Verweij Pelizzo Singapore Does Authoritarianism Pay 2009

Verweij Pelizzo Singapore Does Authoritarianism Pay 2009 -...

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singapore: Does authoritarianism pay? Marco Verweij and Riccardo Pelizzo Marco Verweij is professor of political science at Jacobs University in Bremen, Germany, and coeditor of Clumsy Solutions for a Complex World: Governance, Politics and Plural Perceptions (2006). Riccardo Pelizzo is Research Fellow at the Centre for Governance and Public Policy at Griffith University in Brisbane, Australia, and coeditor of The Role of Parliaments in Curbing Corruption (2006). Both authors previously taught at the Singapore Management University. D espite its tiny land area of fewer than fifty square miles, Singapore has figured prominently in the debates over when, whether, and how countries should democratize. Singapore acquired this significance by confounding theorists of liberal democracy and serving as the poster-nation for those who believe that economic development and the establishment of a strong state committed to the rule of law should precede any risky democratic ventures. Underlying the various debates is the rock-solid conviction that the policies of the Singaporean government—led for three decades by Lee Kuan Yew, and now by his son Lee Hsien Loong—are primar- ily responsible for the economy’s rapid elevation from “Third World to First World.” We believe that matters are more complex than this widely shared belief would indicate. While many of the government’s policies have enabled or contributed to the remarkable increase in Singapore’s per capita national income over the last forty years, these very policies have also led to the gradual emergence of some serious economic challenges. As a result of these economic vulnerabilities, many Singaporeans are less prosperous than the island’s rapid increase in per capita income would suggest. At various points in Singapore’s history, opposition forces have advocated economic and social policies different from those of the government. Arguably, if the government had included rather than suppressed these divergent groups and opinions, the country and its citizens might now find themselves in a better economic position. Journal of Democracy Volume 20, Number 2 April 2009 © 2009 National Endowment for Democracy and The Johns Hopkins University Press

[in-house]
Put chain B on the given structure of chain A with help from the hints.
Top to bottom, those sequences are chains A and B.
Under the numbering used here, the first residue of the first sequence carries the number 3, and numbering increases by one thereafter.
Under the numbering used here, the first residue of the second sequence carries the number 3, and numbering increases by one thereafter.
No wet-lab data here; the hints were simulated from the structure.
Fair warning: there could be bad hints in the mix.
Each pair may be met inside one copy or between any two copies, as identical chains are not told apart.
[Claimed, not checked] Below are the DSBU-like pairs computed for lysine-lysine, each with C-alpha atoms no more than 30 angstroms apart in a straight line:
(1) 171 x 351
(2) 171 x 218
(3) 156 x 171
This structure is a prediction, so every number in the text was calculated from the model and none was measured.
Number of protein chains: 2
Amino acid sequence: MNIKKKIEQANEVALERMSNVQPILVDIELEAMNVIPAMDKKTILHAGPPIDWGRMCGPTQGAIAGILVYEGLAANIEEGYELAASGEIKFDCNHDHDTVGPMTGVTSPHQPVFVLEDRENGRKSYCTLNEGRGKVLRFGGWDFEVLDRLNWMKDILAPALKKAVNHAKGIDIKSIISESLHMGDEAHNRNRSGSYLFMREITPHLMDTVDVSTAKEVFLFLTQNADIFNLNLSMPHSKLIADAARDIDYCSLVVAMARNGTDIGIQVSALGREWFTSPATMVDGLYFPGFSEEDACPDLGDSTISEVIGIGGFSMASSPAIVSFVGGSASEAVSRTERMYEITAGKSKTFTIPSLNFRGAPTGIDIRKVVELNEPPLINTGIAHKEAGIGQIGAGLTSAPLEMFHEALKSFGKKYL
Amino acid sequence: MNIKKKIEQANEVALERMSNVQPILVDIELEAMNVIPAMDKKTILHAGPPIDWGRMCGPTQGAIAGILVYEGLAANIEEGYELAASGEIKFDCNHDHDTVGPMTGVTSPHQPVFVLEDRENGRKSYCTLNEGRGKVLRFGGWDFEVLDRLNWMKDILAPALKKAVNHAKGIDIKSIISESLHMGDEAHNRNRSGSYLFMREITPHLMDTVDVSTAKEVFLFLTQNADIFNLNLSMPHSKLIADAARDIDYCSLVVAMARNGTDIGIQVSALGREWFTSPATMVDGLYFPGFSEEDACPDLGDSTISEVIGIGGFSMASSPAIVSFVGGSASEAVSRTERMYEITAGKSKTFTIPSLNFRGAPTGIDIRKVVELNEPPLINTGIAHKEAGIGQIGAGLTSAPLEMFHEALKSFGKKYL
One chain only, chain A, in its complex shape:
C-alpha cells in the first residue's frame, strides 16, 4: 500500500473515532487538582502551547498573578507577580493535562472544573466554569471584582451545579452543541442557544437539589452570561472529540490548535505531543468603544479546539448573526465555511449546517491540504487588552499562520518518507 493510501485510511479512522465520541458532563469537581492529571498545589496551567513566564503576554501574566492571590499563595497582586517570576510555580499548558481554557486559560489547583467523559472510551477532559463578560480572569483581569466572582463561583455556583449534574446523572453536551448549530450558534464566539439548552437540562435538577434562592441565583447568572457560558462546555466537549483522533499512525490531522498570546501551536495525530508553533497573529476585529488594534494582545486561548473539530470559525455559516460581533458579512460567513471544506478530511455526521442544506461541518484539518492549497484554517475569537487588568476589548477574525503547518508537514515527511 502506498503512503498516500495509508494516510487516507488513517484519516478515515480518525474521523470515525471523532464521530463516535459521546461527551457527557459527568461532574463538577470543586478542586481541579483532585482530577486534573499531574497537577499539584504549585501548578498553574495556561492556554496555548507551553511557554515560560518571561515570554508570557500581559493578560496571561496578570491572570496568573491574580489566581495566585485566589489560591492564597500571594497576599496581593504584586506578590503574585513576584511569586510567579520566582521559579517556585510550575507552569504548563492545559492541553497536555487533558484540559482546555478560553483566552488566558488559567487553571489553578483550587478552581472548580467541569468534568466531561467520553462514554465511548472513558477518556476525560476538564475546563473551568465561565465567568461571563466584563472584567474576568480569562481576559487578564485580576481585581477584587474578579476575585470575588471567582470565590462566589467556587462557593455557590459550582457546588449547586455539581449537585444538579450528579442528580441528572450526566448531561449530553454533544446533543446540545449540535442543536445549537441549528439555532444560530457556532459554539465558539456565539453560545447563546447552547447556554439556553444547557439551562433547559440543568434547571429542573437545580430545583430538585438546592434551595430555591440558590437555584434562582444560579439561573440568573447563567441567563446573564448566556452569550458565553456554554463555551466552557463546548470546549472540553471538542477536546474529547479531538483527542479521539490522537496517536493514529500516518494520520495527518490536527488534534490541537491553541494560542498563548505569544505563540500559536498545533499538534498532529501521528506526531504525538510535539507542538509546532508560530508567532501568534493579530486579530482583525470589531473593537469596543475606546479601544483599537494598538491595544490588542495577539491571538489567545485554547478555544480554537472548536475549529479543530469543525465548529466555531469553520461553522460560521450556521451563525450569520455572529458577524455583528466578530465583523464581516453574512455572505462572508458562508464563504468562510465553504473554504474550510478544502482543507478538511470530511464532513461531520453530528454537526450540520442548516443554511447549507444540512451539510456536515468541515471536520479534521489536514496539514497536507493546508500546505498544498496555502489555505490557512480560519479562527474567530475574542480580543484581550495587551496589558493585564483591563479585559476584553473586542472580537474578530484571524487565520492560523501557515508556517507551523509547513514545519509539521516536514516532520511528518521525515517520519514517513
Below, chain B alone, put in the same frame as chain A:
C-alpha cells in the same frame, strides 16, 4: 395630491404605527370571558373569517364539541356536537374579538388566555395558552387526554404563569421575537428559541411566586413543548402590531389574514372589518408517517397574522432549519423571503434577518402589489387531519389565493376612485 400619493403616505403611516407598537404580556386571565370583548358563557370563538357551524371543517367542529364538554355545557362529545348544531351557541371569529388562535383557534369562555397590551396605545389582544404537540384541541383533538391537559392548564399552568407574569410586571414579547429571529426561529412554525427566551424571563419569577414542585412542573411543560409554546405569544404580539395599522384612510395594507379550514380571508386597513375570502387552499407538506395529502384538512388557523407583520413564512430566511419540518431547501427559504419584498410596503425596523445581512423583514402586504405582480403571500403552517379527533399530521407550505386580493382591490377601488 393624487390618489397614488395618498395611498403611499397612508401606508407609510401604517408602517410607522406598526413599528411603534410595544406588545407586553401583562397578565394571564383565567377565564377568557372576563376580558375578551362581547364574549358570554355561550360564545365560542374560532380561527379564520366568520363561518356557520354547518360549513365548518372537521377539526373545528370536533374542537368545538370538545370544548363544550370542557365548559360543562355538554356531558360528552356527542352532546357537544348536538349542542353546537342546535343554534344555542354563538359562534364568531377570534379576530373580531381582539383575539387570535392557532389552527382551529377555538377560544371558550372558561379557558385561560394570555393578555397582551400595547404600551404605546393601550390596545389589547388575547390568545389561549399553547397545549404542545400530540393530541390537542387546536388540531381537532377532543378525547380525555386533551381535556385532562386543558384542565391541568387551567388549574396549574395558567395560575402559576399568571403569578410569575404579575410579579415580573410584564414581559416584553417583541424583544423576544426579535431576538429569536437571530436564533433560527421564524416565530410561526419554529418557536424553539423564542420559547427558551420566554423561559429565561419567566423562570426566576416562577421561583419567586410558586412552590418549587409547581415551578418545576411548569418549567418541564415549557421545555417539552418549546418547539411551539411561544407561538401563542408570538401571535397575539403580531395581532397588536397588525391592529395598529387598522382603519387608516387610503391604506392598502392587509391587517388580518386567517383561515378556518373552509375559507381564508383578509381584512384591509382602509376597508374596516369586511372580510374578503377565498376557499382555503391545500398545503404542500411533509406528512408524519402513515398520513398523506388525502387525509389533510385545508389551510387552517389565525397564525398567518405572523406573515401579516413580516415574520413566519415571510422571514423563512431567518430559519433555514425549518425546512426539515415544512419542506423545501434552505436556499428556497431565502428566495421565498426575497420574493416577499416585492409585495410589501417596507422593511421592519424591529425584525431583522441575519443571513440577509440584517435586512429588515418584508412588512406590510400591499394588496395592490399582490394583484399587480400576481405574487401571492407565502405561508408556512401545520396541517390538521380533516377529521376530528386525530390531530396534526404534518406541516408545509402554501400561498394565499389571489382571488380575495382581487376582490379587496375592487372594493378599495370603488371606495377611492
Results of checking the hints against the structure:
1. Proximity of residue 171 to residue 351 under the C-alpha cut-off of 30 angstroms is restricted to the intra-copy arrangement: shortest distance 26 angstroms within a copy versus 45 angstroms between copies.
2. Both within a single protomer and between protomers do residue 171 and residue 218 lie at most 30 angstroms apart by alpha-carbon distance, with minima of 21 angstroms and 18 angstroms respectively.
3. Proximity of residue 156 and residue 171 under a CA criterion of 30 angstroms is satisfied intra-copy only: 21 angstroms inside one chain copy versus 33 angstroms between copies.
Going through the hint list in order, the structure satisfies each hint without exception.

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19 Marco Verweij and Riccardo Pelizzo Since gaining independence in 1965, Singapore has been governed by a single political party, the People’s Action Party (PAP). Although general elections have been held every four or five years, the PAP has continuously occupied nearly every parliamentary seat. Those who run or vote for parties other than the PAP are discouraged, disadvantaged, and punished in a variety of ways: the jailing and bankrupting of op- position leaders; the engineered sacking of critical commentators; the withholding of state funds from opposition wards and the redrawing of their boundaries (as well as other, more creative forms of gerrymander- ing); the manipulation of election schedules to deprive the opposition of time to campaign; the restriction of political debate to officially
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This note was uploaded on 09/03/2010 for the course POS 85322 taught by Professor Iheduru during the Fall '09 term at ASU.

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Verweij Pelizzo Singapore Does Authoritarianism Pay 2009 -...

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